Spend a Night at a Museum
After-hours sleepovers are serious fun for kids.
Spending the night at a museum means children can extend their love of dinosaurs, fossils and other natural wonders to a 24-7 pursuit. Many museums now open their doors after hours to host sleepovers for kids and their parents. Like the movies of the same name, a Night at the Museum is a great way to learn about everything from sharks to spies. Just be sure to book ahead for these popular stayovers.
D Finnin; American Museum of Natural History
American Museum of Natural History, New York, NY
When the doors close to the public at New York's American Museum of Natural History, flashlights click on and the adventures begin. Although activities vary, kids who attend “A Night at the Museum Sleepover” might encounter birds of prey and other live animals; explore the Age of Dinosaurs gallery; and watch a 3-D film about our national parks. Later, they can curl up on cots next to replicas of African elephants, a 94 foot-long blue whale or a volcano exhibit.
D Finnin; American Museum of Natural History
Cincinnati Museum Center, Cincinnati, OH
Give the kids a pillow and sleeping bag, and let them spend the night at Union Terminal, part of the Cincinnati Museum Center complex. They can choose from a variety of overnight themes that focus on caves, dinosaurs, superheroes, LEGOs and other kid-friendly topics. There's an educational aspect to each sleepover, and there's also plenty of fun. Breakfast and an OMNIMAX film are included. Groups of 35 to 120 can book private sleepovers.
Phil Didion; Cincinnati Museum
Smithsonian Sleepovers, Washington, D.C.
A thief has hit the National Museum of American History, in our nation's capitol, and it's up to the kids at the Smithsonian Sleepover to solve the crime. They'll need to use their sharpest detective skills when six valuable objects go missing. Fortunately, there are lots of clues around, and games, experiments and craft projects to help point to the culprit. The mystery’s sure to be resolved by the time the budding Sherlocks unroll their sleeping bags.
Look for nighttime adventures at other Smithsonian museums, too. At the National Museum of Natural History, kids can spend the night using interactive exhibits, complete with games, crafts, puzzles and challenges, and watch an IMAX film. At the National Air and Space Museum’s Udvar-Hazy Center, kids on sleepovers can explore the world of flight with a close-up look at thousands of aviation and space artifacts, including a Concorde and the space shuttle Discovery. They’ll also see an IMAX film, visit the Portable Planetarium, play games, gather “moon rocks” with NASA gloves and much more. They may even spot an alien!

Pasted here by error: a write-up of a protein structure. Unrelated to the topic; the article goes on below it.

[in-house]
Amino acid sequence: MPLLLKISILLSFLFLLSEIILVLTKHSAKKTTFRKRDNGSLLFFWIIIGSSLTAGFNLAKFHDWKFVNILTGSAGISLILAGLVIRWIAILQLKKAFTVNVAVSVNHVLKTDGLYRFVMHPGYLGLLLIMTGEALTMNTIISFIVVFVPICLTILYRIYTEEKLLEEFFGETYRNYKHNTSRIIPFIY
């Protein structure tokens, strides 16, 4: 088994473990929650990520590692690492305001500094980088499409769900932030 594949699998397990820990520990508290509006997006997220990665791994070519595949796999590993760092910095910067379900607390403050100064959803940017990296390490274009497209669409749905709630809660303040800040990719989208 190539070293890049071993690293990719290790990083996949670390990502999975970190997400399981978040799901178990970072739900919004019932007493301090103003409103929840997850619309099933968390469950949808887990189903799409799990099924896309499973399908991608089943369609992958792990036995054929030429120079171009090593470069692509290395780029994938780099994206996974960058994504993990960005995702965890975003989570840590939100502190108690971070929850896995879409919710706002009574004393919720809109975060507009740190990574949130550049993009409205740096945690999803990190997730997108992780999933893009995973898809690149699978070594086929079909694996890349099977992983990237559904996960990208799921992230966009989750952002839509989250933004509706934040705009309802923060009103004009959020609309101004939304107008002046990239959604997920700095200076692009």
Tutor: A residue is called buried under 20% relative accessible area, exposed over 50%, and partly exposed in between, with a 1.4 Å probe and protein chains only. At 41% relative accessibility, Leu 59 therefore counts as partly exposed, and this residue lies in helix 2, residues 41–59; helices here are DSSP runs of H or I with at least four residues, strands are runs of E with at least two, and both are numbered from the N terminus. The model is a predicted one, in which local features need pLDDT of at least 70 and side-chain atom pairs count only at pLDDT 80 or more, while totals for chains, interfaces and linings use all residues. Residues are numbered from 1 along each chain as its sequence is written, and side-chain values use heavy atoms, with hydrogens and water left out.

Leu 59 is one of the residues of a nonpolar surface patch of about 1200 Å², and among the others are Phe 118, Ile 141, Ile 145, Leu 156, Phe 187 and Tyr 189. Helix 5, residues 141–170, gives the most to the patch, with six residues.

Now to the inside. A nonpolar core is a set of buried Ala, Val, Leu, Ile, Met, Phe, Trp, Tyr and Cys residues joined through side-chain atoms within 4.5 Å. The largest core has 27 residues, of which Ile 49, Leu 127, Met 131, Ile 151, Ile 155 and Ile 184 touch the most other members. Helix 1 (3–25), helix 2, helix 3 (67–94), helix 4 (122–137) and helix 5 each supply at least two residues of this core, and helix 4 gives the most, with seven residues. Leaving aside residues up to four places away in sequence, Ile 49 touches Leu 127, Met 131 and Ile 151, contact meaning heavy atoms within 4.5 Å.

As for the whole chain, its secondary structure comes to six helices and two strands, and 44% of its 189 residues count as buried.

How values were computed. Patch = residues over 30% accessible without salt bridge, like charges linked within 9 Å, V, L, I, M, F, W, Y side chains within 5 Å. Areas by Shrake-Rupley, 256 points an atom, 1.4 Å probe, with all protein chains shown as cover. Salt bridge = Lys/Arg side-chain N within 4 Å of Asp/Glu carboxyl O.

Risa Ryan; Smithsonian
International Spy Museum, Washington, D.C.
Operation Secret Slumber, designed for kids 9 to 13 years old, trains “recruits” at Washington's International Spy Museum to become super sleuths. As they team up to break secret codes, disguise their identities, and interrogate real spies, the kids track down an enemy agent hiding in their ranks. The mole is dramatically exposed the next morning, when the children meet back up with their parents for breakfast and a debriefing.
International Spy Museum
Penguins + Pajamas, San Francisco, CA
Enjoy a “wild” night at the California Academy of Sciences in San Francisco. Penguins are just some of the animals kids from age 5 to 17 can encounter at this sleepover, which also includes demonstrations and talks about live snakes, alligators and other creatures. This “night at the museum” also lets children explore rainforests of the world exhibits and catch a planetarium show. After a late-night snack, visitors "chill out" near the penguins in the African Hall. Other sleeping areas may also be available. Call or check the website for more information.
Kathryn Whitney; California Museum of Sciences
Milwaukee Public Museum, Milwaukee, WI
When the lights dim at the Milwaukee Public Museum, kids set out on a flashlight-guided tour of the exhibits. After watching a show in the museum’s six-story, dome theater, they snooze in pre-arranged exhibit areas. Themed overnight adventures focus on Native Americans, the Streets of Old Milwaukee, Dinosaurs, Behind the Scenes and Backyard Biology. These “Museum Overnights” are for scout groups and families with children ages 6 to 12; plans are underway to add adult sleepovers.
Kathrine Berger; Public Museum
Natural History Museum, Los Angeles County, CA
Let your kids pick their favorite overnight adventure at the Natural History Museum in Los Angeles County. Camp Dinosaur is for junior paleontologists who’ll learn about their favorite dinos and join a scavenger hunt. At Camp Butterfly, kids experience live, free-flying butterflies and make a souvenir craft. Camp Tar Pits invites children to learn about the La Brea Tar Pits and the behemoths that roamed the world during the Ice Age. Camp Goo takes the tar pit fun even further, as participants “get stuck” in all kinds of gooey activities.